Warren Buffet has often claimed the most powerful factor behind his investing success is compound interest. Einstein called it the eighth wonder of the world.
The principle behind compound investment is simple. Even at modest levels of returns, over a long enough time scale, the growth is exponential.
The reason being that every year (for example), the interest or profit made from investing is reinvested. So not only does your initial capital grow, there is growth on the previous years profits (growth). This eventually builds at ever increasing velocity, as the capital grows larger through re-investing.
One example of this, quoted from Buffet, is King Francis’ decision to commission the Mona Lisa in 1516 for $20,000. Had the King instead invested the money at a growth rate of 6% per annum instead, today it would be worth over $1 quadrillion (15 zeros).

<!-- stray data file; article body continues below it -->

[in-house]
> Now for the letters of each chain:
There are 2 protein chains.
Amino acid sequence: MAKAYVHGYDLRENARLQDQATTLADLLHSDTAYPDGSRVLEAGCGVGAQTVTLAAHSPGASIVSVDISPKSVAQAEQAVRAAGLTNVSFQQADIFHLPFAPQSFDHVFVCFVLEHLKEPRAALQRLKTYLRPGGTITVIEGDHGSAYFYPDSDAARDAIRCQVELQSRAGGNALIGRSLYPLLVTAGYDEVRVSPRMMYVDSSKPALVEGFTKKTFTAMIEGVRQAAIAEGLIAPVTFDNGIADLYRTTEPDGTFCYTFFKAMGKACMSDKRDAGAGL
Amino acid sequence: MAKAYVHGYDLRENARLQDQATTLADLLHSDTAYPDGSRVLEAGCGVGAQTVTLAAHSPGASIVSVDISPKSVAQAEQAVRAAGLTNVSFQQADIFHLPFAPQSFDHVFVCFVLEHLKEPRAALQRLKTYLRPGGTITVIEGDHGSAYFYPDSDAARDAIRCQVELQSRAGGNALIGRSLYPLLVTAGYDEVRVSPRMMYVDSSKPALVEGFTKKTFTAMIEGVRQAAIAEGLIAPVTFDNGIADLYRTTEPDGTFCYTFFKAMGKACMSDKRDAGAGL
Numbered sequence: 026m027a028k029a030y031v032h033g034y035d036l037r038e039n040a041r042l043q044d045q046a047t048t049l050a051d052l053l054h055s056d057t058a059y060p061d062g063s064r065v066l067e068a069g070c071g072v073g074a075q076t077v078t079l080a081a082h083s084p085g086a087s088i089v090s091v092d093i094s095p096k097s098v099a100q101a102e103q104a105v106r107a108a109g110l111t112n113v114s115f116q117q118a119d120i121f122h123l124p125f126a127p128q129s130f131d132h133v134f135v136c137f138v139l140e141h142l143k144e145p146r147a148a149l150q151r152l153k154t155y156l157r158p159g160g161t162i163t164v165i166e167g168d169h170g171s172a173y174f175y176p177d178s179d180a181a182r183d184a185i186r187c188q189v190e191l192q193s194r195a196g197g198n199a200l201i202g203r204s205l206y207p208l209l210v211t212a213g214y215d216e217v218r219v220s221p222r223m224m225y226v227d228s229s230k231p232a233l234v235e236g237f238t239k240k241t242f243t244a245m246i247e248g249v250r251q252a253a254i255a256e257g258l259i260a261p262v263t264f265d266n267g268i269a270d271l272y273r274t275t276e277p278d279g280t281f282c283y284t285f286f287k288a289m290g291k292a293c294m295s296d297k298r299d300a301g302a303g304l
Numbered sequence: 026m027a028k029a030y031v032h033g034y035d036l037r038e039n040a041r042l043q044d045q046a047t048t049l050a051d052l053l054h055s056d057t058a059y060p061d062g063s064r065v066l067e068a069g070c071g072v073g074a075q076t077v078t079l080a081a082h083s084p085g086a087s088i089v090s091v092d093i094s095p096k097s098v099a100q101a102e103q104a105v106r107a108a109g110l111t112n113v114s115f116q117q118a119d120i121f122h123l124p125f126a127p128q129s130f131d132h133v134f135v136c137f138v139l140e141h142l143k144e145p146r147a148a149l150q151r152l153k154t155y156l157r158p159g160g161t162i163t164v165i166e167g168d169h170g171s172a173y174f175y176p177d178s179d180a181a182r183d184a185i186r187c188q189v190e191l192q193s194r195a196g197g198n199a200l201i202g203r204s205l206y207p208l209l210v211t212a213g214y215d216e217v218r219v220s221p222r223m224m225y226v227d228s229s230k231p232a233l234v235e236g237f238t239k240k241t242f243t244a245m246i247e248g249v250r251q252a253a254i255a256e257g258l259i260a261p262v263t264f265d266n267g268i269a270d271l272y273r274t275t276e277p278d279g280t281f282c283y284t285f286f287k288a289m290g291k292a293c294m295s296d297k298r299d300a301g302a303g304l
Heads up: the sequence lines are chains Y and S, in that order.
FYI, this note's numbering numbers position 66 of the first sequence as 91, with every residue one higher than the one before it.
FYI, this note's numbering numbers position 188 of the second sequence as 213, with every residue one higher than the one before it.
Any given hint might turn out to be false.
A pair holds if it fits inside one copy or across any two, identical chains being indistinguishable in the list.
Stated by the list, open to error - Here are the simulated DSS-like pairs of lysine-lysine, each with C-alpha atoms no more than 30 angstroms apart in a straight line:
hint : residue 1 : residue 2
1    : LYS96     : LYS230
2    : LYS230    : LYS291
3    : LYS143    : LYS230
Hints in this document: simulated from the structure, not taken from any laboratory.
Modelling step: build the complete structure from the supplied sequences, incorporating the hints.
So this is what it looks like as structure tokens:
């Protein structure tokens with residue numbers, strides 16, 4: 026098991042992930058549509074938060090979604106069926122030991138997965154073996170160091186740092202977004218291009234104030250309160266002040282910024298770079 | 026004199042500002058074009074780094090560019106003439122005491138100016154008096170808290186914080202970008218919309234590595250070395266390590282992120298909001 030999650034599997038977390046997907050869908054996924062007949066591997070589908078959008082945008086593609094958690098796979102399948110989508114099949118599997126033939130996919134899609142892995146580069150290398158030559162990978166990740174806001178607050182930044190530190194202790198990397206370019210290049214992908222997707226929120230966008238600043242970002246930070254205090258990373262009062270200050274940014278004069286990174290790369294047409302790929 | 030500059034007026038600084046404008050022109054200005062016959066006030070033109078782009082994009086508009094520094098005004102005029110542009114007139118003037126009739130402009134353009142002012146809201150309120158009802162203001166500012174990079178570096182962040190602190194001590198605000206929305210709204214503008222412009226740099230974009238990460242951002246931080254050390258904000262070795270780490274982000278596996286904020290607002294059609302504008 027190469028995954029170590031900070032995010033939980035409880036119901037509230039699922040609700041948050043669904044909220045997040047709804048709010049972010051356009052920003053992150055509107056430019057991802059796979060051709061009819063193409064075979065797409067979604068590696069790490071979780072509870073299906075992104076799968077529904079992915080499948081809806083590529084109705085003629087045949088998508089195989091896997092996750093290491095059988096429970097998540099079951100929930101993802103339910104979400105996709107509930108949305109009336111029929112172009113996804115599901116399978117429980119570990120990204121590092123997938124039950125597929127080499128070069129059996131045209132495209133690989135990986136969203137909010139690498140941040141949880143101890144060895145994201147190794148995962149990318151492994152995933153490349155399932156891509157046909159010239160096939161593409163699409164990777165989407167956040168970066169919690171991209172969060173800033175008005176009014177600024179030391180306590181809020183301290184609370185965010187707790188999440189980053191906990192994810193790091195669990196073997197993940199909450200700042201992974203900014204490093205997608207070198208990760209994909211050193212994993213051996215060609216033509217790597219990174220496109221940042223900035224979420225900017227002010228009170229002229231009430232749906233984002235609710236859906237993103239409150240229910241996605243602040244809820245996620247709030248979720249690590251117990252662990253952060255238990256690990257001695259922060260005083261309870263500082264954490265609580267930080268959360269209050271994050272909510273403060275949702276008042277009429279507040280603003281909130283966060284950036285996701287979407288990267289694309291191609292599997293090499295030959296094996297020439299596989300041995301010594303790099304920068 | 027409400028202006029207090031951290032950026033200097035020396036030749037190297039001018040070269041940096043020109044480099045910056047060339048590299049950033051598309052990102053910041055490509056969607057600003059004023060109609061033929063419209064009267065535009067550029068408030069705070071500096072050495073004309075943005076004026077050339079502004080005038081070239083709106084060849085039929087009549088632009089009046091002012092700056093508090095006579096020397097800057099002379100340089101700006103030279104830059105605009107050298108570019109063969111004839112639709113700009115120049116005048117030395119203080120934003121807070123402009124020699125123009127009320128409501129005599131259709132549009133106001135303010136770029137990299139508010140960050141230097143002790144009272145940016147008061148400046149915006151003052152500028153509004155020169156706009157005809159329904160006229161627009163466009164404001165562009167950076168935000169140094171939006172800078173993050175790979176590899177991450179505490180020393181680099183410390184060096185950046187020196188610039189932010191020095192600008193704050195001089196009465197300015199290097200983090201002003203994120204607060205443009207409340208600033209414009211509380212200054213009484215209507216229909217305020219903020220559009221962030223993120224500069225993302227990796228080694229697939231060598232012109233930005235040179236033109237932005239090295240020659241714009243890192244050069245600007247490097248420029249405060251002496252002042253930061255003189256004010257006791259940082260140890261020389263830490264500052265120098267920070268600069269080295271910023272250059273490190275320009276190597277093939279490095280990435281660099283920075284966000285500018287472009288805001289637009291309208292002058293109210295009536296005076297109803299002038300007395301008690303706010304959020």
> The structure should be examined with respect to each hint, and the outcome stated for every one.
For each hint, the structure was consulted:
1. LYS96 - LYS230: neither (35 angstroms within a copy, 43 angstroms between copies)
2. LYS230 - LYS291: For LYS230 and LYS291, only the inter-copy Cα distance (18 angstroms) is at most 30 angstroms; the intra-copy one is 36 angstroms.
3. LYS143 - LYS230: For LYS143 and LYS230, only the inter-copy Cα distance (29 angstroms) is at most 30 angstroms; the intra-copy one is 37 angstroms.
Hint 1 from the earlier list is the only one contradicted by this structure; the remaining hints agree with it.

The most important lessons to learn from this, for an investor is :
- Start early
- Reinvest profit
- Look for stable, long term, returns
A good example would be index trackers. Investment funds that track stock indices such as the UK or US stock market, have historically stable positive performance. They may not produce the huge returns associated with hedge funds, or startup companies, but they also don’t have the large drawdowns and volatility.
Compound investing over the long term is ideal for pensions, and long term saving funds.
Morningstar and Trustnet are two fund research websites, which provide a wealth of information. The latter now has a dedicated section for passive tracker funds, which can be found here www2.trustnet.com/passivefunds/